One of the best things about the upgrade process is that as long as you have an elite on-board for every non-elite in your group, everyone gets treated as the top-tier elite.
So if you have one executive platinum (chairman), one gold (silver), and two non-elites, all get upgraded as a ex-plat/chairman.
The US Airways Companion certificate (which still exists with $40,000 spend on the Silver aviator card, and for those who haven’t used their 2015 ones yet) allows you to book a ticket and add one or two extra people for $99 each. You cannot save that second person for another ticket.
So if you are only going to use one, it’d be nice to ask around and see if anyone wanted to hop on for a really cheap trip.
The only problem is, if you are the only elite on the ticket, you just cut yourself out of any upgrades.
The other thing to know about it is they do not allow you to add anyone else to the PNR. You cannot book three seats under the companion certificate and then add a fourth full-priced person. You cannot merge the reservations afterwards. (I think this has something to do with the way the system prices these tickets–it does not list two people individually as having $99 tickets. It divides the total price by three people and displays that as the individual passenger cost).
So this creates a complication if you are traveling with four people–two elites and two non-elites.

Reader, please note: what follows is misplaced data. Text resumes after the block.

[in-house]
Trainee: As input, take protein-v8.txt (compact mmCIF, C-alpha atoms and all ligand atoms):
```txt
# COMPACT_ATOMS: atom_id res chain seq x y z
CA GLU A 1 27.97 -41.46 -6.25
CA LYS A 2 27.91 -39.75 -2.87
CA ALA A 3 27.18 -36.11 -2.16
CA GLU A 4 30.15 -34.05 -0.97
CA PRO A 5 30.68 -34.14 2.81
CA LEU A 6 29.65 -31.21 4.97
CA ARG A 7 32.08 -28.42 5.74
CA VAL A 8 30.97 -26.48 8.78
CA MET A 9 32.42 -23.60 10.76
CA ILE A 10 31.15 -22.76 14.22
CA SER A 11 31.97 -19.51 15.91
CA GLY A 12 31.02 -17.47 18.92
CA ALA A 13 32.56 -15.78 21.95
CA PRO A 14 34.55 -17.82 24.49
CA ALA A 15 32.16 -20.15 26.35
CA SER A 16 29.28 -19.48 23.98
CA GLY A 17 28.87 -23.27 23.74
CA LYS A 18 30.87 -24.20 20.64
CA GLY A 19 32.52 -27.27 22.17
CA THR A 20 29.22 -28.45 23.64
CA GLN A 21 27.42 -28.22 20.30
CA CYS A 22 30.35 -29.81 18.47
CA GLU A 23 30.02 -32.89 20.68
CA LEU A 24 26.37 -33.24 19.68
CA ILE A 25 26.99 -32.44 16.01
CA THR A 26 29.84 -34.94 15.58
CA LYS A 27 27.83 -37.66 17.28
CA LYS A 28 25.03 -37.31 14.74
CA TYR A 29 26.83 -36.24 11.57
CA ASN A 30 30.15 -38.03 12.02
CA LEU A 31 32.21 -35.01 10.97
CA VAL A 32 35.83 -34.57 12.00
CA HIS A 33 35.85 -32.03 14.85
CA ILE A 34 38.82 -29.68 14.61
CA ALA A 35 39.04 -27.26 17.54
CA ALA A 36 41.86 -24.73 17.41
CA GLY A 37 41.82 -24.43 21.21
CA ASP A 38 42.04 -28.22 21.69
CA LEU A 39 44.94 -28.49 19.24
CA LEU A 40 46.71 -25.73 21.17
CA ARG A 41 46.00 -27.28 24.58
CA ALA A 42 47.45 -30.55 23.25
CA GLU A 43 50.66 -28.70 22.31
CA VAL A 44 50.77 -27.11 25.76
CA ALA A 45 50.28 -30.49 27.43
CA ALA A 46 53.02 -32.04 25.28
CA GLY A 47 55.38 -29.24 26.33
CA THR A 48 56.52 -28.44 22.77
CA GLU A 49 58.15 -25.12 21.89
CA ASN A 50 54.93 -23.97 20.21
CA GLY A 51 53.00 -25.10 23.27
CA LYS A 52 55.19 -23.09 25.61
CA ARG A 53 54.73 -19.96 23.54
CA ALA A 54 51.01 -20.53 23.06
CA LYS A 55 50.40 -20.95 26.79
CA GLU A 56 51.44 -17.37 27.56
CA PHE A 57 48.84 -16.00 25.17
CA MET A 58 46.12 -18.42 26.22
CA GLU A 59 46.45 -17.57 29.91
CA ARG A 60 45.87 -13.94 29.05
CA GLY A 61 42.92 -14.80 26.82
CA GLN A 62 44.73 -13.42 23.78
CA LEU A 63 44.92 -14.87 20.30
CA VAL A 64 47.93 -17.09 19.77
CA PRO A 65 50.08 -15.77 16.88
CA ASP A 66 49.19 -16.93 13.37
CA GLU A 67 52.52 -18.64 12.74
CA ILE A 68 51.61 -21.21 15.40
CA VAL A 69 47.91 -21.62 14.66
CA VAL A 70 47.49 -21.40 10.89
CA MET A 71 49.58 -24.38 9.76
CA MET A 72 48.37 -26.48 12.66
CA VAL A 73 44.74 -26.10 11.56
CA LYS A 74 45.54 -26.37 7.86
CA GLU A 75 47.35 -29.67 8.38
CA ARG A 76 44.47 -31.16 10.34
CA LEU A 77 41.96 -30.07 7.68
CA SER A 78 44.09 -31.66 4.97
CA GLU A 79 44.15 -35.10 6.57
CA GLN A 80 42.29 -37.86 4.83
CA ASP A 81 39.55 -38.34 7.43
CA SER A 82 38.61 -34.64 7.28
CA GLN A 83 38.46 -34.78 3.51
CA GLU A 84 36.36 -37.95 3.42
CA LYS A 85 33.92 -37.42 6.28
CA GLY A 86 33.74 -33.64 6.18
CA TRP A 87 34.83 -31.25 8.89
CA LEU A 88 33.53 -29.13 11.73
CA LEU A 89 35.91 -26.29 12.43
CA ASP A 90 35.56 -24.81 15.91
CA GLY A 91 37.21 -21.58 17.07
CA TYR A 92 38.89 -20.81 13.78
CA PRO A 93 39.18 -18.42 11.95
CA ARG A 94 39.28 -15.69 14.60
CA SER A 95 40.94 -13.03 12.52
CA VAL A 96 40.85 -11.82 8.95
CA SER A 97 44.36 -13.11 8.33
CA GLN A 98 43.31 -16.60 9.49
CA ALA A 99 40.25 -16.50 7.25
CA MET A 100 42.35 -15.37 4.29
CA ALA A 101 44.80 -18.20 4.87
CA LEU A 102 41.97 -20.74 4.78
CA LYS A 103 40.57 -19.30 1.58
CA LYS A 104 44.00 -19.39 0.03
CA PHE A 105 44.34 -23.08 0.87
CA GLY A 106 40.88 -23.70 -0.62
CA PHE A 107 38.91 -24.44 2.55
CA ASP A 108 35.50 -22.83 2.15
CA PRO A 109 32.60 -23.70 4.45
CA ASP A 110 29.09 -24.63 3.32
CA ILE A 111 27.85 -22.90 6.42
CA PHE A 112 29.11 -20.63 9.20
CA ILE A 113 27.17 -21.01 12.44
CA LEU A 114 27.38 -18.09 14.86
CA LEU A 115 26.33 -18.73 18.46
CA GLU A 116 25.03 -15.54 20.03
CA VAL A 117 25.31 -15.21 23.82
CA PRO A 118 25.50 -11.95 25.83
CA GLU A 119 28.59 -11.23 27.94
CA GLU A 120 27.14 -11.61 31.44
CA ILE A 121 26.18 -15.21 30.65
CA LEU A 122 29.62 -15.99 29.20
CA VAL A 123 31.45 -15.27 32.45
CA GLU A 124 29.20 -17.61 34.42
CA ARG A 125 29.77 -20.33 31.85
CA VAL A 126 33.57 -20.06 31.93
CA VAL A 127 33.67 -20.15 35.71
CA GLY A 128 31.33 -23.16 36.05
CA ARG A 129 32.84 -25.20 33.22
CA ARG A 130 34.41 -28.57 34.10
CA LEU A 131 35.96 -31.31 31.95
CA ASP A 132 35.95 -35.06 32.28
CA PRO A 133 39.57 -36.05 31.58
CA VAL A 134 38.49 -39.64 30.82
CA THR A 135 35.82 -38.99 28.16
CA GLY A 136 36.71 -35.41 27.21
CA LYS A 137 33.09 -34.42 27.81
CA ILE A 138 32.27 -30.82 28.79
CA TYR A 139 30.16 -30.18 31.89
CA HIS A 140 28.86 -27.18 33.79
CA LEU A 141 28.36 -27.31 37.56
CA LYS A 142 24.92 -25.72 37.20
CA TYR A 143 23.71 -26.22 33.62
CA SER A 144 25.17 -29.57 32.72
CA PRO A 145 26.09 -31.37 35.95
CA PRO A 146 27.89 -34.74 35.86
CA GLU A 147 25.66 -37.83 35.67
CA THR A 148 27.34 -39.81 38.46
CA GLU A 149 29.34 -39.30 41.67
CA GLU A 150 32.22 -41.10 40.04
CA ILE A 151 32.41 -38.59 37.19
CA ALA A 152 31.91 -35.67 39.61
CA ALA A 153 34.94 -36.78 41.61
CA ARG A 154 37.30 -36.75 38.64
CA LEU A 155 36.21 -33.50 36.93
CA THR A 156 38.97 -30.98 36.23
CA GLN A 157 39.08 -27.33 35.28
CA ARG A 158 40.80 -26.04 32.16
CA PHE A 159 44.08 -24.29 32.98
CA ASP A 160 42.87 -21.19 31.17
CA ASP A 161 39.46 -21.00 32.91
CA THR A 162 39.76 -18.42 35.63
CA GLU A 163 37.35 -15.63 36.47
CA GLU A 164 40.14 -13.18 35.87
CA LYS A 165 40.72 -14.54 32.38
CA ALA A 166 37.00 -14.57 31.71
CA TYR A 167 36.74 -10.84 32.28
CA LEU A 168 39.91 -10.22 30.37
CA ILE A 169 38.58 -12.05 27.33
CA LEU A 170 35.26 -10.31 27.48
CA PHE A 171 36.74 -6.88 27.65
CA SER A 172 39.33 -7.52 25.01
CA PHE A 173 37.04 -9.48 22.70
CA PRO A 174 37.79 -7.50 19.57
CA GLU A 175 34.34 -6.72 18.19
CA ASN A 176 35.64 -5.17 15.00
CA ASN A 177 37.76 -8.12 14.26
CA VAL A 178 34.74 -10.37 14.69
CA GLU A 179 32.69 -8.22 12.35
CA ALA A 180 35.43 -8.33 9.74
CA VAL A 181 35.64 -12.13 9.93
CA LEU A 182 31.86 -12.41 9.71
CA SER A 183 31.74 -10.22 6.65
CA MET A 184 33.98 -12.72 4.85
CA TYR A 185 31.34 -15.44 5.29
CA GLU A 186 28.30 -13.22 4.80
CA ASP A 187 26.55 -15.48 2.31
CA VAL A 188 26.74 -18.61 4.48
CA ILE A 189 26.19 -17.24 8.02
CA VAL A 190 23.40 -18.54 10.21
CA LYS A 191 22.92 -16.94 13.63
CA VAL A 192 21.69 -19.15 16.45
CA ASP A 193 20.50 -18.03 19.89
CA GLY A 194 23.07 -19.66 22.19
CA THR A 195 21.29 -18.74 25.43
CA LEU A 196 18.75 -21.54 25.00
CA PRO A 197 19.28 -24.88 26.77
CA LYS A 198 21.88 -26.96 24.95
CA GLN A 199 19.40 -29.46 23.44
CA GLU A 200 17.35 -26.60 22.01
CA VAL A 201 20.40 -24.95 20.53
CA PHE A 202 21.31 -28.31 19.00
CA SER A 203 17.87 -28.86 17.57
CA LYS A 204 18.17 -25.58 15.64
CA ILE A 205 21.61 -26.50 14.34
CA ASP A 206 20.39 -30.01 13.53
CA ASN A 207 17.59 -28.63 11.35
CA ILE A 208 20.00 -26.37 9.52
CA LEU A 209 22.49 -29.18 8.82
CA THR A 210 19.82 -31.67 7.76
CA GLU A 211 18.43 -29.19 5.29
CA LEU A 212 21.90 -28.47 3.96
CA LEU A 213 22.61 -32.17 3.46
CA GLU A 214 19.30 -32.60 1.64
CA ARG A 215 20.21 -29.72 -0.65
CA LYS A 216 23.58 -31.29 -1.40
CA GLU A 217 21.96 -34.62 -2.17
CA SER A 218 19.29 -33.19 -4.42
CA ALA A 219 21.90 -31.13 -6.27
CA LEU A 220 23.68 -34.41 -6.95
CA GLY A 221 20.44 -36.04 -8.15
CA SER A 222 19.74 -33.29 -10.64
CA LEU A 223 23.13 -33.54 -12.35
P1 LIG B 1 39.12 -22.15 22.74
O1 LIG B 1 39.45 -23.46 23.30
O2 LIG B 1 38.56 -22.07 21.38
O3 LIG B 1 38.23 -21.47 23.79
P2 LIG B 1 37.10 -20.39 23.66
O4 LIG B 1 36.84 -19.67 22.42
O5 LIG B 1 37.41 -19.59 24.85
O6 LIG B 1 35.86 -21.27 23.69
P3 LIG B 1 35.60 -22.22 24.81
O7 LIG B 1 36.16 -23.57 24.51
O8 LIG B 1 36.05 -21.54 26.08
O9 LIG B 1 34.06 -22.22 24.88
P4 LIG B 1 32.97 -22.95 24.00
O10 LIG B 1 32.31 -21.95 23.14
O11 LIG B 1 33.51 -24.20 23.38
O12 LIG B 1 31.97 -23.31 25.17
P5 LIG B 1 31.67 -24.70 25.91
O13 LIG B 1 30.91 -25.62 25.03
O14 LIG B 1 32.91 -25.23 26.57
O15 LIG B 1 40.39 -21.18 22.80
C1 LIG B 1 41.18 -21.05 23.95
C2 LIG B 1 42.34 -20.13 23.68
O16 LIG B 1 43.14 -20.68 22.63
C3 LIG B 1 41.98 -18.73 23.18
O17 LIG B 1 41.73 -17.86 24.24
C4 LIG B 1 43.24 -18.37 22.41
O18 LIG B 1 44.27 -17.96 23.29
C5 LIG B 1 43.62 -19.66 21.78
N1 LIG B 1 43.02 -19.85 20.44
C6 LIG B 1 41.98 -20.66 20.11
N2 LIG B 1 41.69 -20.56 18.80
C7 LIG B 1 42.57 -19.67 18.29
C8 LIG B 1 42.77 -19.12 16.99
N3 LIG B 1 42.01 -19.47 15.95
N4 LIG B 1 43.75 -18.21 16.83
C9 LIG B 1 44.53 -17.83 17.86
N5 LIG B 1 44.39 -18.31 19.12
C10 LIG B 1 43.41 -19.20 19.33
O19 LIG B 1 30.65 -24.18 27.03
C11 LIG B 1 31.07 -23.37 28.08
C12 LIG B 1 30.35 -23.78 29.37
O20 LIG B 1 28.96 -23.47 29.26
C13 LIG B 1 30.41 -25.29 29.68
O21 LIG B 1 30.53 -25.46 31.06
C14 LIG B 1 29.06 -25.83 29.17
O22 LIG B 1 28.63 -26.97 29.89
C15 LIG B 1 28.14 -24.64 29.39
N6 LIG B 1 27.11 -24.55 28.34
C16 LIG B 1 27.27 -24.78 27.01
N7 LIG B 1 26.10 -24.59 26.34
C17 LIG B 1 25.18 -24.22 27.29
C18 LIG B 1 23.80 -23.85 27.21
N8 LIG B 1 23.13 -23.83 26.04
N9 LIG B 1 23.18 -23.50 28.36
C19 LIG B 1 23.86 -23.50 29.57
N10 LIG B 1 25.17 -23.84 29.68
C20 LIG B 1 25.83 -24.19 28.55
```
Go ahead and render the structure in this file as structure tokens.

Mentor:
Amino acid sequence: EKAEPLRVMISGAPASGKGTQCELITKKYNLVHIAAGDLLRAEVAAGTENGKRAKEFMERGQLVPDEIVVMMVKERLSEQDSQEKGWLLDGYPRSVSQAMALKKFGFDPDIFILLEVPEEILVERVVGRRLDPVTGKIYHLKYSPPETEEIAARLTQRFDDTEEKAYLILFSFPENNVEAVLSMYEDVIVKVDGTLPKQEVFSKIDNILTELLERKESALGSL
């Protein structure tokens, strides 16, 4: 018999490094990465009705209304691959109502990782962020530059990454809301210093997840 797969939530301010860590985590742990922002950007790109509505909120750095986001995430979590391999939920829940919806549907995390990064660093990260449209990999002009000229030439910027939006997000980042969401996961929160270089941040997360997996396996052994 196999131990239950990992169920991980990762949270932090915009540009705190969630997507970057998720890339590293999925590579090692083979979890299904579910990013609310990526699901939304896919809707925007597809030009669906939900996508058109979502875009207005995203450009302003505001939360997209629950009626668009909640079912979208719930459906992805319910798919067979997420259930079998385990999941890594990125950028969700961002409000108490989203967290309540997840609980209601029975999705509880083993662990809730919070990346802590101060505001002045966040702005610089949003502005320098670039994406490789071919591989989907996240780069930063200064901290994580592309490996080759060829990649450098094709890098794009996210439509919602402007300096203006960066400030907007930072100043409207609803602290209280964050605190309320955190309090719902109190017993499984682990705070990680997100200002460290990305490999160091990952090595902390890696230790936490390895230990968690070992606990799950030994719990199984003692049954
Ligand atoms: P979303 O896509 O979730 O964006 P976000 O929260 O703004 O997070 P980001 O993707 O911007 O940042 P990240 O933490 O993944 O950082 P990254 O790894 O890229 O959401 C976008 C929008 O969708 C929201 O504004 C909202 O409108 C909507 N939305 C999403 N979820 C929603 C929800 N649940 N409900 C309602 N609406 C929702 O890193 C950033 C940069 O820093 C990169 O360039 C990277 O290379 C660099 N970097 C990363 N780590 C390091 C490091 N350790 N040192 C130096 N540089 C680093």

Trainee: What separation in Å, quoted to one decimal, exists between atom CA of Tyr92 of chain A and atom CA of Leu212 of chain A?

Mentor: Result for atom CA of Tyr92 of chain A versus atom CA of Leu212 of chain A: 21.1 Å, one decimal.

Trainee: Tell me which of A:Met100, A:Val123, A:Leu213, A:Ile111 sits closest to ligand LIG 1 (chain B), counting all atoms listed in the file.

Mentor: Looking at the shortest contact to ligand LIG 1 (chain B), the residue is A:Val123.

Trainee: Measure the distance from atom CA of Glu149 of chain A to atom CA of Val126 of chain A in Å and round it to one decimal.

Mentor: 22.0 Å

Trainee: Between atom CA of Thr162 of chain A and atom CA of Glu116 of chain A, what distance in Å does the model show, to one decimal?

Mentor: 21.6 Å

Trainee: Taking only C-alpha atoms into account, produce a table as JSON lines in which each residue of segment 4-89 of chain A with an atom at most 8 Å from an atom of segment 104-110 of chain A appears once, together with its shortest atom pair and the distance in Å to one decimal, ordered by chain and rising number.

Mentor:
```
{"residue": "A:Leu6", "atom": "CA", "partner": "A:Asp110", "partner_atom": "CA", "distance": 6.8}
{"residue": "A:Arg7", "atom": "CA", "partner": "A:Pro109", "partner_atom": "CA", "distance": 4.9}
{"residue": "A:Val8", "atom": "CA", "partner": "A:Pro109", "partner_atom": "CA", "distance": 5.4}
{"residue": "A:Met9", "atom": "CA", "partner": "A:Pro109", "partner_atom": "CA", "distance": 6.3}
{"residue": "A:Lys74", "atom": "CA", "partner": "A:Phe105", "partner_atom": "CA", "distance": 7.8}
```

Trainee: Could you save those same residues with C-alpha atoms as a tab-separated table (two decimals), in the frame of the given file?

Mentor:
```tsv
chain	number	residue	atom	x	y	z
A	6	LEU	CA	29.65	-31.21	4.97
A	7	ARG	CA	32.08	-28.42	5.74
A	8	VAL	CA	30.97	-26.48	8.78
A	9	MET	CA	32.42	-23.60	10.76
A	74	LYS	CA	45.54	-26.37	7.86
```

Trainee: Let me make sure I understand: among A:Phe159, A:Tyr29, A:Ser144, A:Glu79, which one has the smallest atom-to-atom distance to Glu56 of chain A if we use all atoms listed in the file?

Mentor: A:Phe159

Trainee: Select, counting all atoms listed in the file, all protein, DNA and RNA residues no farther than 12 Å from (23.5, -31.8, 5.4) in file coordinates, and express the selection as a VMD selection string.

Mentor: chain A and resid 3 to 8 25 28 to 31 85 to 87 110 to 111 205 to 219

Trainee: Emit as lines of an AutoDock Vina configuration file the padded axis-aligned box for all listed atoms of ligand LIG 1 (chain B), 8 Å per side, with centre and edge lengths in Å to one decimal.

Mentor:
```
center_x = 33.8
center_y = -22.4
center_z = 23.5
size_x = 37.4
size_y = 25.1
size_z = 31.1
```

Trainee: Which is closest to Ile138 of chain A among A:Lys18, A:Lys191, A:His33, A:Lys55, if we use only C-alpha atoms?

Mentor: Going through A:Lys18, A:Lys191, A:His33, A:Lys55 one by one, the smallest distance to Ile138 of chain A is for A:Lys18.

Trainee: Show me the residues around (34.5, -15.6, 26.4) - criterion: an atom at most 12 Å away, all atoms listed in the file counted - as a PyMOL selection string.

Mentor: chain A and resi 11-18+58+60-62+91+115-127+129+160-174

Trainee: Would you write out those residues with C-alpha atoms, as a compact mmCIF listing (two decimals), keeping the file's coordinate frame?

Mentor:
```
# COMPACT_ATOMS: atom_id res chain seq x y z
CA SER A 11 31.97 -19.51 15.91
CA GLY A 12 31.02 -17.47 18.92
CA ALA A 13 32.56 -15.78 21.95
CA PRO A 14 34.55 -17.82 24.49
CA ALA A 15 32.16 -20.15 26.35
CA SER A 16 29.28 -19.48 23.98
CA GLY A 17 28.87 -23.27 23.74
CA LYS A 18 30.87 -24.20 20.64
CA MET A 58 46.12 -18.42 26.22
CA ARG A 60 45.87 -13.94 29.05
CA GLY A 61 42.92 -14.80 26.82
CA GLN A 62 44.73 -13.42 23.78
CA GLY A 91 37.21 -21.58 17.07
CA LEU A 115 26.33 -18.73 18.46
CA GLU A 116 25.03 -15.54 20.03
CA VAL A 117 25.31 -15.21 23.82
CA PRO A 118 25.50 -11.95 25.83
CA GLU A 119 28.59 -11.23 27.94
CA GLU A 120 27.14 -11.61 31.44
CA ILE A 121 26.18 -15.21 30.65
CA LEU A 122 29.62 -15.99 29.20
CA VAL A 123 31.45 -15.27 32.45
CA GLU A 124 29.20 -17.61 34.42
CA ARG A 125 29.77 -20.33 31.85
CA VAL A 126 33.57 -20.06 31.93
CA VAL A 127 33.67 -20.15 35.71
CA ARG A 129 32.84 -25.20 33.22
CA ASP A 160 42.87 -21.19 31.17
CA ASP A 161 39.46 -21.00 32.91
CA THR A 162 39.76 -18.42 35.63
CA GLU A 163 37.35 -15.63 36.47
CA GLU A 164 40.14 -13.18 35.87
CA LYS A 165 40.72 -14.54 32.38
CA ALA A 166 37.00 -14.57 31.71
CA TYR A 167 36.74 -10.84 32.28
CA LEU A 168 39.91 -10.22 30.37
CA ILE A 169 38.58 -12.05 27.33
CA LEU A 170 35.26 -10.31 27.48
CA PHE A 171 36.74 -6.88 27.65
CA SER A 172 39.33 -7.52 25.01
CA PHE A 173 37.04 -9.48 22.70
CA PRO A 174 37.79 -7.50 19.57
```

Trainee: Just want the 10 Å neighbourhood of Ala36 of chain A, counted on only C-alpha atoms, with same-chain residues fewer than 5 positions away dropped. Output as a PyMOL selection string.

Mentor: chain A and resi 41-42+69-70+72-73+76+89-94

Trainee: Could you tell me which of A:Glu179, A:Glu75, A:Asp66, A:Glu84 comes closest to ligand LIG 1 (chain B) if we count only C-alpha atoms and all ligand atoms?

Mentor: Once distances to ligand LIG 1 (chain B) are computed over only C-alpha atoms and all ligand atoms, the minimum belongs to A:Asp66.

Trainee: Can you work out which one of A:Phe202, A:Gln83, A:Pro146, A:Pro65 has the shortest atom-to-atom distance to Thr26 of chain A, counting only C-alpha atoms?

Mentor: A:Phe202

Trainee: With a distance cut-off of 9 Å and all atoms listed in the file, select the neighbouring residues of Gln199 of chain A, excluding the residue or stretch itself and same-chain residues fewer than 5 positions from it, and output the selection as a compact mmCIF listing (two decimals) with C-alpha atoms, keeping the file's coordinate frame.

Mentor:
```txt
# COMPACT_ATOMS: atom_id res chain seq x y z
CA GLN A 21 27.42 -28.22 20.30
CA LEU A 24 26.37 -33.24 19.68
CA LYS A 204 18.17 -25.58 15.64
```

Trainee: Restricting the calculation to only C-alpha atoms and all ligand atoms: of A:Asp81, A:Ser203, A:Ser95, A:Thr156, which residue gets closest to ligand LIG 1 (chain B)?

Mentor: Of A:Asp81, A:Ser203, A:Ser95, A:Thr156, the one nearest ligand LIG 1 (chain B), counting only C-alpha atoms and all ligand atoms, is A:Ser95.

Usually, it’s an ideal situation. All four will be eligible for upgrade benefits.
When using a companion certificate, you’ll either have:
Two elites and one non-elite on a PNR, plus one non-elite on their own.
That version makes me nervous because in irregular operations, that person may get left behind. In fact, when Keri (Heels First) were on the same flight but different PNRs, even though we were both Chairmen, they would not let Keri also rebook me with the same options she was getting.
Or you could do, one elite with two non-elites–who would at least receive the rebooking benefits of the elite attached to their PNR (but no upgrades), and a solo elite.
I’m not usually a super-we-need-to-get-upgrades-person, but when traveling with specific people, I’m all about the upgrades.
I was traveling with my husband, mom and father. Bill, my husband, is an American Gold. My parents have no status. My dad used to be my yearly recipient of a free US Airways silver membership as part of the special dividends program, but that benefit went away with the merger.
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I was booking us via a companion certificate. I want my parents to get upgrades, but neither situation would have been good. We could have gotten three upgrades if we put all the elites on one PNR and then we let my parents have both F seats. But then we risked one parent getting stuck if there were any unforeseen circumstances.
If I put both my parents on my PNR and my husband on his own, we’d only have a chance at one seat in F.
What I ended up doing may be seen as a waste of miles, but the peace of mind I got from it outweighed any potential loss.
I booked my mother into first class on miles. I put her in the last row at the aisle.
I booked myself, my husband, and my father on one PNR with the companion certificate in the first row of coach behind her.
That way, if our upgrades didn’t clear, we’d still be together… sort of.
If our upgrades did clear, I’d move everyone around into their preferred seats.
We have the benefit of the elite status for any rebooking. She has the benefit of being a F passenger.
Problem solved, albeit through a much more complicated method.